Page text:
Comcare will roll out a low-intensity cognitive behaviour therapy program to up to 120,000 Commonwealth employees over the next two years, while continuing to provide mental health first-aid training to its own workers, its 2019-20 annual report shows.
The World Health Organisation's workplace health and safety guidelines for COVID-19 are "unacceptably complacent" in parts and overlook evidence on workplace outbreaks, according to an occupational health academic, who fills in some of the "gaps".
Social media denoting COVID-19 as a "killer virus" creates a sense of danger and distress among frontline workers. Employers should reduce these mental health risks by providing more consistent information and better training, researchers say.
This article examines all the must-know workplace safety, workers' compensation and COVID-19 developments from July, August and September 2020, with highlights including a new WHS Code for the pandemic, the Dreamworld judgment, a record double-fatality fine and gross negligence cases.
A study of frontline COVID-19 workers has found psychological training and guidance can turn distressing experiences into positive personal growth, reducing the adverse effects of traumatic work events.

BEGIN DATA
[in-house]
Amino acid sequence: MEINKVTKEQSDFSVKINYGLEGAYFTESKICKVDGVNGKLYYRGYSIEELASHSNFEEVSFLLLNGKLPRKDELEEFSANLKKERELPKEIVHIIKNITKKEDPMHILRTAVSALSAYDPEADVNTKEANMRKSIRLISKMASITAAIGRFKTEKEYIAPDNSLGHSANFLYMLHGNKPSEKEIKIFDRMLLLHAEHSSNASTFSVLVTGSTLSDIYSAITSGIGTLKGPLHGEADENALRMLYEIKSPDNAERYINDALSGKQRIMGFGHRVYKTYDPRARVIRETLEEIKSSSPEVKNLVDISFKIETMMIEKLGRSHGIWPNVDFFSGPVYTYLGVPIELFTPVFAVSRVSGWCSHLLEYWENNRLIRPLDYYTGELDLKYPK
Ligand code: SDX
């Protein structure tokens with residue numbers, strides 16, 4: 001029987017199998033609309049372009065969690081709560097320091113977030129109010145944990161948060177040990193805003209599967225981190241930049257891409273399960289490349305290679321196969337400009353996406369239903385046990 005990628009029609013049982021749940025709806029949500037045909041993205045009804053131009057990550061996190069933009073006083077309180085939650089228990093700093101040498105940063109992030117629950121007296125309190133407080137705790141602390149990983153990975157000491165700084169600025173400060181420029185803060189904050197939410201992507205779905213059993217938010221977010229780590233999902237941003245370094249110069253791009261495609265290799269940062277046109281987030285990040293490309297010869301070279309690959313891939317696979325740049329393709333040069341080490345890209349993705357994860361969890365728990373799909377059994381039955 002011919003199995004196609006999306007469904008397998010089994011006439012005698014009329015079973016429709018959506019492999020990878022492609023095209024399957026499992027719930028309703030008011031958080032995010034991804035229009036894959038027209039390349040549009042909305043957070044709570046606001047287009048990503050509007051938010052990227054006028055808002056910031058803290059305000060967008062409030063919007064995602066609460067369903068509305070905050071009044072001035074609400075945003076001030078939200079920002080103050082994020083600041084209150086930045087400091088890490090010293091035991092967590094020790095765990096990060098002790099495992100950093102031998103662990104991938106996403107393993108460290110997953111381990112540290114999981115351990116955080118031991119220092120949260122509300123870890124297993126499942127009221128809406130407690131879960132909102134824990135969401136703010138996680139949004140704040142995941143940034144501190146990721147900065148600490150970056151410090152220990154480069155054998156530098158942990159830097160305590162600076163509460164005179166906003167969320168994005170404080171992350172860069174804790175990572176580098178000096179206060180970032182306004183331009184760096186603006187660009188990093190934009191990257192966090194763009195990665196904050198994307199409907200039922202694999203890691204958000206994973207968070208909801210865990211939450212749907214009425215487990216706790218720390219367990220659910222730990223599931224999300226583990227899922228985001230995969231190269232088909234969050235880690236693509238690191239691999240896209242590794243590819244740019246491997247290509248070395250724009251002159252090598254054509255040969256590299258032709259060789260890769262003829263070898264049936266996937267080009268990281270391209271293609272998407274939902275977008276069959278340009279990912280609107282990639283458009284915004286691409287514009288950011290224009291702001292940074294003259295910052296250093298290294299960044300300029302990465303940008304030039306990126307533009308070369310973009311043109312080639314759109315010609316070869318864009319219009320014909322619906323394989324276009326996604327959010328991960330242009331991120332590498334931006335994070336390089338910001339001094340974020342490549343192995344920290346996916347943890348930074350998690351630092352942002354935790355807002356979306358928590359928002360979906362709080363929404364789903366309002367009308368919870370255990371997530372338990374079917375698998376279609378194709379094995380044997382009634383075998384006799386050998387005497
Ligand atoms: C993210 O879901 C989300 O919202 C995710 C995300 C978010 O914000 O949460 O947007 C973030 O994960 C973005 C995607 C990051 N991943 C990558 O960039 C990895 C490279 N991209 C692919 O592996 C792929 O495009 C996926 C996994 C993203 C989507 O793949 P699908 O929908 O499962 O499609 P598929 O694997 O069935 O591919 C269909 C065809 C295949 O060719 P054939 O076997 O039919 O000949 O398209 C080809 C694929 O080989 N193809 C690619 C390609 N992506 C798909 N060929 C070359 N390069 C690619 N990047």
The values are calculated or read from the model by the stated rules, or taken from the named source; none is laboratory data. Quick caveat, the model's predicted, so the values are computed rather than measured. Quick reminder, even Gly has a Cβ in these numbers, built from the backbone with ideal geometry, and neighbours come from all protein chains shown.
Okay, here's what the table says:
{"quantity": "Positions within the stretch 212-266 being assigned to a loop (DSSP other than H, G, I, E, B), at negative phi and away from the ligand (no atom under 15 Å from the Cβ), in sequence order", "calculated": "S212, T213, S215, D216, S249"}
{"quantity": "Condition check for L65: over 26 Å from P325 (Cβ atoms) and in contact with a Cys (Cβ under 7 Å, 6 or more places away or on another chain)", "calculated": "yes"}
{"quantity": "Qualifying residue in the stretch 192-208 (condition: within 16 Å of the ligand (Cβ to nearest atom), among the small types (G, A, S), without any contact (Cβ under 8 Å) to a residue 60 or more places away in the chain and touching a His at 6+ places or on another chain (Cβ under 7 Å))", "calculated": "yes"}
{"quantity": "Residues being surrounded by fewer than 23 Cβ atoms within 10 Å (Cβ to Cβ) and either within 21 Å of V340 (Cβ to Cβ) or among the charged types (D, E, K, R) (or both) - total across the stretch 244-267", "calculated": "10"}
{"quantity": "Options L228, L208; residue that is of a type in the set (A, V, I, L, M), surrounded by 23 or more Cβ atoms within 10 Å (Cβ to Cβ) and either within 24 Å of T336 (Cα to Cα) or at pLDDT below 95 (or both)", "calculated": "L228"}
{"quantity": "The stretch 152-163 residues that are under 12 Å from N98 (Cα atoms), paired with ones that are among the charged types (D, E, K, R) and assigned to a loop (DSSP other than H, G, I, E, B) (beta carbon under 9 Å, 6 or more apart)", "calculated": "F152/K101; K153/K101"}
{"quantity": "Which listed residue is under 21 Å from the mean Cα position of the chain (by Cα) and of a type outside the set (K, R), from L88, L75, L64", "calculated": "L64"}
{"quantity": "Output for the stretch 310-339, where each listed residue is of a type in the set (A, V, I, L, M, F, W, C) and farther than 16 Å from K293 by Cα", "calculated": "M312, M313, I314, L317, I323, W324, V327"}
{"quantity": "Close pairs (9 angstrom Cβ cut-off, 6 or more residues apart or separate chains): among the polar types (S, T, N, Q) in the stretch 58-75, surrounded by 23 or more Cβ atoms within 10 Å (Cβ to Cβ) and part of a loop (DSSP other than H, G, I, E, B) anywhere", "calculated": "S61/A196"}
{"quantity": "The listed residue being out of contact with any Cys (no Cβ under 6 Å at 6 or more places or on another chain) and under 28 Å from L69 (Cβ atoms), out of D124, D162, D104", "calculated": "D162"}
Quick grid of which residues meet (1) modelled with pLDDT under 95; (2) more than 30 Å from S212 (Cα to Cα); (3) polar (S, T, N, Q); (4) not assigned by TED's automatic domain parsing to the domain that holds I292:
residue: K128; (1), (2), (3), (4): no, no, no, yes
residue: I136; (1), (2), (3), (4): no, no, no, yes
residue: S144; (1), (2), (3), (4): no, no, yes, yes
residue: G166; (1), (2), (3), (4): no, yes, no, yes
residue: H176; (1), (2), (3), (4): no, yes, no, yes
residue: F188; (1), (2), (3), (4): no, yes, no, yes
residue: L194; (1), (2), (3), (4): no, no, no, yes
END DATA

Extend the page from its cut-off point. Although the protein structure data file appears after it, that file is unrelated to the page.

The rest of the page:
A contract worker who sustained spinal injuries, which led to his death, in a fall from a scissor lift, should have been more closely supervised, given his and his colleague's limited experience at the incident site and their "insufficiently defined" work method, an investigation has found.
A WHS regulator has identified the absence of adequate controls for preventing three-metre-plus falls as a major area of non-compliance in the high-risk construction sector. It has also, coincidentally, accepted a PCBU's bid to enter an enforceable undertaking after a worker fell four metres.
Work issues can increase the risk of pregnant workers going on to experience postpartum depression, and employers are being urged to train up "family-supportive supervisors" to support work-life balance and returning to work after maternity leave.
The Federal Government has been accused of "inaction" affecting work safety standards, with Safe Work Australia's latest statistics report showing the national work-related fatality toll increased for the first time in more than a decade.